13th Apr 2024

Navalny: Putin's 'evil' takes centre-stage at Munich talks

  • The 47-year old dissident left behind a wife and two children (Photo: Michał Siergiejevicz)
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The death of Russia's best-known dissident, Alexei Navalny, caused little surprise in EU circles in Brussels, but saw the Russian regime branded "evil" in Munich, Germany, where top diplomats and security officials were gathered for an annual security conference.

"I knew they'd kill him," was one EU diplomat's first reaction, as news spread online about Navalny's death on Friday (16 February).

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"Killers," said a second EU diplomat, referring to Russian authorities.

A third EU diplomat said: "Very sad, though not entirely surprising."

Petras Auštrevičius, a liberal Lithuanian MEP, also told EUobserver: "Navalny underestimated the [Russian] regime. He was wrong to go back [to Russia] — it was a road to hell".

According to a Russian statement, Navalny died after suddenly falling unconscious in his prison cell in Kharp, a remote town in Siberia, some 1,900km north-east of Moscow.

Russia told the world the same day that US and European VIPs met in Germany for the Munich Security Conference (MSC), a yearly symposium on transatlantic affairs.

The news also came in the run-up to the two-year anniversary of Russia's invasion of Ukraine on 24 February and Russia's presidential election on 15 March.

Dozens of EU leaders, ministers, and top officials blamed Russian president Vladimir Putin for Navalny's death — either because he was murdered, or because of harsh prison conditions.

But his passing had special resonance in Germany, after doctors in Berlin saved Navalny's life in 2020 when he was poisoned with novichok, a Russian nerve toxin, before he returned to Russia in 2021, where he was arrested on trumped up charges.

"I met Navalny here in Berlin when he was trying to recover from the poisoning attack … he has probably now paid for his courage with his life," said German chancellor Olaf Scholz at the MSC on Friday.

Navalny's wife Yulia, who was at the Munich event, said on stage to applause: "We should fight against this evil. We should fight this horrific regime in Russia today".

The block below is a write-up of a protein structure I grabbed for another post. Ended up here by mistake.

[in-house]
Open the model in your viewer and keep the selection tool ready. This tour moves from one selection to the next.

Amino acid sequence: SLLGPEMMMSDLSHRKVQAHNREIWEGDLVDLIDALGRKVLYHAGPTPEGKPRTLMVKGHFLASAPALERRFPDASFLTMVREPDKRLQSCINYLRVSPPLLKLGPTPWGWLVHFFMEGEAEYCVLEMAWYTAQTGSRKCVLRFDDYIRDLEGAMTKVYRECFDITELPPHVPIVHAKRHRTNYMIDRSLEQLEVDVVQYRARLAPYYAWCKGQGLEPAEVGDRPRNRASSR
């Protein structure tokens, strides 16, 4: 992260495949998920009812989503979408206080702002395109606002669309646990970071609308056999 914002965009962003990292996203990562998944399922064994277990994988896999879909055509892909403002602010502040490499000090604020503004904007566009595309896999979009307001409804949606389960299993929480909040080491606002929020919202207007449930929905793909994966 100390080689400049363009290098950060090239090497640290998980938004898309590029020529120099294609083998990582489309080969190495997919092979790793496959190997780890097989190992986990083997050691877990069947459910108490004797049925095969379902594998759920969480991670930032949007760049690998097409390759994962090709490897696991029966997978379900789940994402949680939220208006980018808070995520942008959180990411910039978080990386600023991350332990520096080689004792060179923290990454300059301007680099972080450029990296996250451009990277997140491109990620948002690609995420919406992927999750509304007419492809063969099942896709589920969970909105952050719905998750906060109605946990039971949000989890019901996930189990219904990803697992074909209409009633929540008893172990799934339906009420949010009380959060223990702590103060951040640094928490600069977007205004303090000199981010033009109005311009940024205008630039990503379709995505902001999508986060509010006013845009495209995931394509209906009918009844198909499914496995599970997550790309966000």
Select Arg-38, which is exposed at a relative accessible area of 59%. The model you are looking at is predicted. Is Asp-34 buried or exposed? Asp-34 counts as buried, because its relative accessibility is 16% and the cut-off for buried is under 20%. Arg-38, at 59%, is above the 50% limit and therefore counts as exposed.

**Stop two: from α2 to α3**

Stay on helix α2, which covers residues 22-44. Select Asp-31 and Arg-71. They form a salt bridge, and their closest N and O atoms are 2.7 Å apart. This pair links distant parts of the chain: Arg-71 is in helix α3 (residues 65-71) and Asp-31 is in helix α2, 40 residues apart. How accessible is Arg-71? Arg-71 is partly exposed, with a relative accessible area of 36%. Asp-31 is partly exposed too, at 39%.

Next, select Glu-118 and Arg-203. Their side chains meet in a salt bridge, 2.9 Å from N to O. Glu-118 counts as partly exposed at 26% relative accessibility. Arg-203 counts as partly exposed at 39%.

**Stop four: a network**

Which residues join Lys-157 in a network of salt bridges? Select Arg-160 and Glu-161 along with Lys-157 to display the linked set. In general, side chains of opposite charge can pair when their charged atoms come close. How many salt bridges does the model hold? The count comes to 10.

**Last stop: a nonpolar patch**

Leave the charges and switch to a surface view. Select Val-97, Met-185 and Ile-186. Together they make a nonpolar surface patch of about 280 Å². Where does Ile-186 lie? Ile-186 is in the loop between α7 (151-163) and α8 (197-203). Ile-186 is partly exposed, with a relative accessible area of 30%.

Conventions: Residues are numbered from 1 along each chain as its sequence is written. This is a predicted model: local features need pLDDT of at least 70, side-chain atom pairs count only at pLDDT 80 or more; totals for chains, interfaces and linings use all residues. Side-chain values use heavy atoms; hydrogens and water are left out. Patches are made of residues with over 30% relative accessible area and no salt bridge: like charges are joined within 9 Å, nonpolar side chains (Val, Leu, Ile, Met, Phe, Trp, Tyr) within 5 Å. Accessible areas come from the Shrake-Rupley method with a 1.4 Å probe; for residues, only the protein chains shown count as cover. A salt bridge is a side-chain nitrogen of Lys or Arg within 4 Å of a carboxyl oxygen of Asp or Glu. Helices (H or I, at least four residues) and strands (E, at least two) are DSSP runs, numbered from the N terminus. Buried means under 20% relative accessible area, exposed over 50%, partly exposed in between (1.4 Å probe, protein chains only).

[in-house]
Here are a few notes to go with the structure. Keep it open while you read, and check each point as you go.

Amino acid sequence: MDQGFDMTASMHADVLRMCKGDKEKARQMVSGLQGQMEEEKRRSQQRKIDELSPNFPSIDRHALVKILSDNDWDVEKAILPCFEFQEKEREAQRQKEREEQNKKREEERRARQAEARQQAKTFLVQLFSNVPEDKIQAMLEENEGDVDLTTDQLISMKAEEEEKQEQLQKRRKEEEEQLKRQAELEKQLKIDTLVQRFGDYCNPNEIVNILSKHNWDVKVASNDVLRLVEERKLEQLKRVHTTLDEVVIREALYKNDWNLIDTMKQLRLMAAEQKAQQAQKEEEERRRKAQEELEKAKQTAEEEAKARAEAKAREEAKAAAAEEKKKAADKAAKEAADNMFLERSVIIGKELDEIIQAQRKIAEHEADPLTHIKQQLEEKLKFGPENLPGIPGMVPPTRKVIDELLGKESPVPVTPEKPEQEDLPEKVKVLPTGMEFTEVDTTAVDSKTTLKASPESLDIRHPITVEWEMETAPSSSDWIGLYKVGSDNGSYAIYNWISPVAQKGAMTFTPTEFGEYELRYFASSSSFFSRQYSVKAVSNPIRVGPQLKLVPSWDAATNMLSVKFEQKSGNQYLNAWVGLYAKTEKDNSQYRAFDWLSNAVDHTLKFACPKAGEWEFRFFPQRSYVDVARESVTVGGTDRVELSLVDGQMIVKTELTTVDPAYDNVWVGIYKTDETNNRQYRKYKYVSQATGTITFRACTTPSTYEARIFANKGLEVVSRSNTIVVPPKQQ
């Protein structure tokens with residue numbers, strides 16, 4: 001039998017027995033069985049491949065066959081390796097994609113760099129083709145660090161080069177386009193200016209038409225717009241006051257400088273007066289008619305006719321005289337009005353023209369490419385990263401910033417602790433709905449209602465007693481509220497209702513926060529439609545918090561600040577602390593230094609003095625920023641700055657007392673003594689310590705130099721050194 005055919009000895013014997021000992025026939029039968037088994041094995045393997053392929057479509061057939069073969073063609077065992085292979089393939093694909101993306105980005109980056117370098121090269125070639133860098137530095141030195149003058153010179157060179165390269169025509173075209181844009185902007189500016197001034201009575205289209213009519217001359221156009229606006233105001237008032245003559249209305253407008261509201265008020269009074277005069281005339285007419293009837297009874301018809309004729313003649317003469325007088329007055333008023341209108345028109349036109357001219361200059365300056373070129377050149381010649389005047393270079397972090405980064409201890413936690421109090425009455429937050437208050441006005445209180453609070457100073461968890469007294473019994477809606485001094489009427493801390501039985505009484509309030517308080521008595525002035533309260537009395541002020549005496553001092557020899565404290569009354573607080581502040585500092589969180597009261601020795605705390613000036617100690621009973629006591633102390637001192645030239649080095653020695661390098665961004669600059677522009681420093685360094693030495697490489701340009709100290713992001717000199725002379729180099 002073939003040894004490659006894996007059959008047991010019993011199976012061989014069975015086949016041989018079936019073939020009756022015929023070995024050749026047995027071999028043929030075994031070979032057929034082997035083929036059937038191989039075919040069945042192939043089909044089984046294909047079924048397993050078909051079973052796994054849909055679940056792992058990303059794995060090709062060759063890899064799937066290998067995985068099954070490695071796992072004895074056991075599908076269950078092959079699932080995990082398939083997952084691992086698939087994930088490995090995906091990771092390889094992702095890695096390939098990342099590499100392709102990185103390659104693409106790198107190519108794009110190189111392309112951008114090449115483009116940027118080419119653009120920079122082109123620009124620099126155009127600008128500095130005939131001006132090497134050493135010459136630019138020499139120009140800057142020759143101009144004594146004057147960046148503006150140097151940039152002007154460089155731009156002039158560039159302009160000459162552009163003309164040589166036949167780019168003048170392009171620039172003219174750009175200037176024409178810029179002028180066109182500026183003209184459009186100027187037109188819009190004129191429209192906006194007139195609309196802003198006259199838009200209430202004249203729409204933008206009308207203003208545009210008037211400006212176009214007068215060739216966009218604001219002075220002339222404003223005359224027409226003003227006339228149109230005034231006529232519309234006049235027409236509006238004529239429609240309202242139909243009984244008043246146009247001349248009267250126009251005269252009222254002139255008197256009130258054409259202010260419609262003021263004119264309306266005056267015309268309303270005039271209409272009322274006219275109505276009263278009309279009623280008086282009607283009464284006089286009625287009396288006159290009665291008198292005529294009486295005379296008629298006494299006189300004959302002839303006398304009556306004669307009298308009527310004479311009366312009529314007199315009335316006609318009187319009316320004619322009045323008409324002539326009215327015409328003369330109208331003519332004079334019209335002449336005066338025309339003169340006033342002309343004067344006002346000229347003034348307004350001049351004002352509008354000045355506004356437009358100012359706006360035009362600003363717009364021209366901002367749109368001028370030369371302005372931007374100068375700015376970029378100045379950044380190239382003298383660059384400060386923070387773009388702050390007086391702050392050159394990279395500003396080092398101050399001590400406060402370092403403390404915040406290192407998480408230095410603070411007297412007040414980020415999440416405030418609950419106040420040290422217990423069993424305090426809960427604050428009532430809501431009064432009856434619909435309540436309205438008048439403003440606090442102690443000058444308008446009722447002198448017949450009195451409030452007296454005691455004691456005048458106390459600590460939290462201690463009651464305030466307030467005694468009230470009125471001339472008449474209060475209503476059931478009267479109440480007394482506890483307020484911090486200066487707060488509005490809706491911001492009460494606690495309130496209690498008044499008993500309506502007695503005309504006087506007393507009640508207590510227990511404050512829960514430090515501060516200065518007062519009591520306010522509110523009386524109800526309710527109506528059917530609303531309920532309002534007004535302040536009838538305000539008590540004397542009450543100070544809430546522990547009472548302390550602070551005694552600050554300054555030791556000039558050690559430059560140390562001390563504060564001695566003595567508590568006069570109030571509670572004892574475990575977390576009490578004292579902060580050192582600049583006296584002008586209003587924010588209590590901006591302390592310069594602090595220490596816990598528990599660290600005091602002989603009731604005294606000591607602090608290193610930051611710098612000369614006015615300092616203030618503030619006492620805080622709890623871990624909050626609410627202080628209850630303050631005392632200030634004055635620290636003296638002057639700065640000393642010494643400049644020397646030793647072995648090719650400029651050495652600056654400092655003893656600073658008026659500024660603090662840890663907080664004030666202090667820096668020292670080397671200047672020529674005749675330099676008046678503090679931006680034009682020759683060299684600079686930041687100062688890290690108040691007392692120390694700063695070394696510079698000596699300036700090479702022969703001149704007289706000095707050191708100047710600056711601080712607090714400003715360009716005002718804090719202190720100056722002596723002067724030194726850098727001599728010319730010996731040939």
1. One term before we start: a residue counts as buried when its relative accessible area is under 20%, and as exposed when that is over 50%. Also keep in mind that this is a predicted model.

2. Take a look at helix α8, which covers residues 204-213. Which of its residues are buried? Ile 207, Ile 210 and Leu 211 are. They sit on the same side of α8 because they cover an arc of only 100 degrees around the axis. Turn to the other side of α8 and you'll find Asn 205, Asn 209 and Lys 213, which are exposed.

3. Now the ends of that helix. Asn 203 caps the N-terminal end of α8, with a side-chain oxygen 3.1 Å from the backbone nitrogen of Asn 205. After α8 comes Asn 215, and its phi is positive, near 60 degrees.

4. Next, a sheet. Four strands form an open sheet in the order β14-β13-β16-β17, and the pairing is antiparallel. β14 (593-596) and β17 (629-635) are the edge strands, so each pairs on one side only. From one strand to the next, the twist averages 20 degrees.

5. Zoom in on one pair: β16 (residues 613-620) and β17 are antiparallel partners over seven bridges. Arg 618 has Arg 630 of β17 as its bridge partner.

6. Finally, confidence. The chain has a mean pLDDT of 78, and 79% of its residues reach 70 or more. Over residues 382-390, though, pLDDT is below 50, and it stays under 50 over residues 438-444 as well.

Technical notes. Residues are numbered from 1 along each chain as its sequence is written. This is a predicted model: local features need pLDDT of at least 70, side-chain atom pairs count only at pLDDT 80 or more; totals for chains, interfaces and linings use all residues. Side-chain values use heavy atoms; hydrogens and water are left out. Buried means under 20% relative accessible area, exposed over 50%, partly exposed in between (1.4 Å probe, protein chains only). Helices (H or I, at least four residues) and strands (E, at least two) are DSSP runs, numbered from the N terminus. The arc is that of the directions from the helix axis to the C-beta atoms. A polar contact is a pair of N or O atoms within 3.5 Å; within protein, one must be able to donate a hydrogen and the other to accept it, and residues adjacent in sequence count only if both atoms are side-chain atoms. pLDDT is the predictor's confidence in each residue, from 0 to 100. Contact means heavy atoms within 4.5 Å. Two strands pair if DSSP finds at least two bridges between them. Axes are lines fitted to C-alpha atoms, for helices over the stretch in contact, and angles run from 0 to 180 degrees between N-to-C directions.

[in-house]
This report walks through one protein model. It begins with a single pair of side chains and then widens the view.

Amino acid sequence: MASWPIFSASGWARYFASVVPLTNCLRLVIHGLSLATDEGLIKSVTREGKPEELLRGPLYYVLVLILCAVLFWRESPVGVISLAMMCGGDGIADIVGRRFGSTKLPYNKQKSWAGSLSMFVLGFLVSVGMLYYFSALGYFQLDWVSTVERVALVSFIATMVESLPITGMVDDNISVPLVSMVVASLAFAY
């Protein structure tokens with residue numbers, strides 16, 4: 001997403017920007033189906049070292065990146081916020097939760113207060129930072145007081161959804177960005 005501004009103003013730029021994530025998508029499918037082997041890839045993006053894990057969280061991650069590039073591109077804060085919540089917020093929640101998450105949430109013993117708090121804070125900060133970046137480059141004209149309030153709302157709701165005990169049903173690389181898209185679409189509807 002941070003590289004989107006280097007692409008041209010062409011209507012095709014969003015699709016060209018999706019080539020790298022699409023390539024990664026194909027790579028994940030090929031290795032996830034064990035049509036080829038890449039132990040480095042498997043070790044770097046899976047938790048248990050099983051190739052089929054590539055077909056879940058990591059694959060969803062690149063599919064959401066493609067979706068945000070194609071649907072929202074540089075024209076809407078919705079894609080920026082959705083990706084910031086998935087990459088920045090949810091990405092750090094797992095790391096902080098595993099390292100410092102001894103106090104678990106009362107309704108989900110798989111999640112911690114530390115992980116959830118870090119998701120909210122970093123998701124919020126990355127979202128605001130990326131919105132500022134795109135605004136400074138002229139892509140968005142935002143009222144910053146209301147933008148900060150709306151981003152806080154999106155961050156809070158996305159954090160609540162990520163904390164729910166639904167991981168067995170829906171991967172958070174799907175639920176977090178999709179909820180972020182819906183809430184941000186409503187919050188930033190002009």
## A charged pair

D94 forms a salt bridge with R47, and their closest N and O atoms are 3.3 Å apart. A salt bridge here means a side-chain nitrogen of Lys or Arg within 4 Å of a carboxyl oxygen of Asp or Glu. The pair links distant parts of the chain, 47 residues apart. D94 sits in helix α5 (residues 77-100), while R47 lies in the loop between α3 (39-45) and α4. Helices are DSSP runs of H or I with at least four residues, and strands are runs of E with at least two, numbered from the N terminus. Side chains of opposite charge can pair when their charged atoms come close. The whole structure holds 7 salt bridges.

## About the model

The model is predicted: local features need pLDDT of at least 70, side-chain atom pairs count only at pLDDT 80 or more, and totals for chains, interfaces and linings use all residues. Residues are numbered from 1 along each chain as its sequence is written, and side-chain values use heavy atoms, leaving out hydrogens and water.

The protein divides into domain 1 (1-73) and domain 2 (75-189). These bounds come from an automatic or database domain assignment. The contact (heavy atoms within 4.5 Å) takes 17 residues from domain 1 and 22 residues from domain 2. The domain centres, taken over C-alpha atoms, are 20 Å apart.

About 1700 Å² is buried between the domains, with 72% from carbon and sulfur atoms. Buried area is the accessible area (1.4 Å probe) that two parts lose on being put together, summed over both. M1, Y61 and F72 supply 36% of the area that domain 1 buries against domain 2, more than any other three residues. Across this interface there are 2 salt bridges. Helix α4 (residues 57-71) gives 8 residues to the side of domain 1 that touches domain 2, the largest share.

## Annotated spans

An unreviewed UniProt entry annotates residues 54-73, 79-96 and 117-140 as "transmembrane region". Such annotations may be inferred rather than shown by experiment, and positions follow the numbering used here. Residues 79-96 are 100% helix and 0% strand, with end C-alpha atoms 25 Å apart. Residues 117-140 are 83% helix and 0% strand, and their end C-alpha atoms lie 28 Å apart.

German foreign minister Annalena Baerbock said: "Navalny was a symbol for a free and democratic Russia. That is precisely the reason he had to die".

German finance minister Christian Lindner said: "Putin tortured him to death".

Ursula von der Leyen, the European Commission president, who is German, also said while at the MSC that Navalny's death was "a grim reminder of what Putin and his regime are all about".

The timing prompted speculation on whether Putin was sending a message to Berlin and to Russian people.

"The timing of the killing is not accidental," Auštrevičius said.

One of the EU diplomats said: "Putin is showing us and the Russians he can do whatever he wants ahead of the Russian election".

"Navalny was a kind of political hostage in contacts between Berlin and Moscow. With this, Putin's showing he doesn't care about German relations — if anything good comes out of it, let it be that Germany wakes up to who they're dealing with," the diplomat added.

Dmytro Kuleba, Ukraine's foreign minister, made similar comments.

"Politkovskaya, Litvinenko, Magnitsky, Nemtsov, Navalny are only some of the most well-known names on the long list of critics killed by Putin," Kuleba said.

"There was outrage after each murder, but Putin eventually got away with it, and world leaders shook his hand again. This encouraged him to continue killing people," Kuleba added.

EU diplomats are currently discussing the 13th round of Russia sanctions, which were to blacklist another 193 individuals and entities over Putin's invasion of Ukraine.

The EU has also sanctioned Russian officials involved in Navalny's jailing and in that of Vladimir Kara-Murza, another prominent Russian dissident, who is disabled, and whom Putin has likewise sent to a remote penal colony.

But the EU has held off sanctions on Russia's metals, liquid gas, and nuclear-energy sectors, as well as many of its richest men for now.

Many leading EU firms, including Germany's top lender Deutsche Bank, are also still doing business in Russia.

And when asked if Navalny's death was likely to lead to sharper EU action, for instance, when foreign ministers meet in Brussels on Monday, one of the EU diplomats said: "No. Nothing. There'll be a brief [EU] shitstorm on Twitter and that's all".

Russian opposition

Meanwhile, leading Russian opposition figures, most of them speaking from exile, also blamed Putin.

Navalny was "murdered slowly and publicly in prison", said Russian émigré and ex-chess champion Garry Kasparov.

Navalny was now "immortal" and his legend posed a greater threat to Putin, said exiled Russian writer Boris Akunin.

Russian authorities warned people not to gather in protests or memorials on Friday.

"Most Russians don't believe change will ever come from the bottom-up," an EU diplomat said.

Putin is set to rule Russia until 2036 after having amended constitutional limits to multiple terms in office.

"'The villains who robbed their own people got together, recruited soldiers and judges to guard their orgy, and now they're having a feast,' this brilliant phrase precisely describes what is happing in our country," Navalny once said of Putinism, quoting Russian writer Leo Tolstoy.

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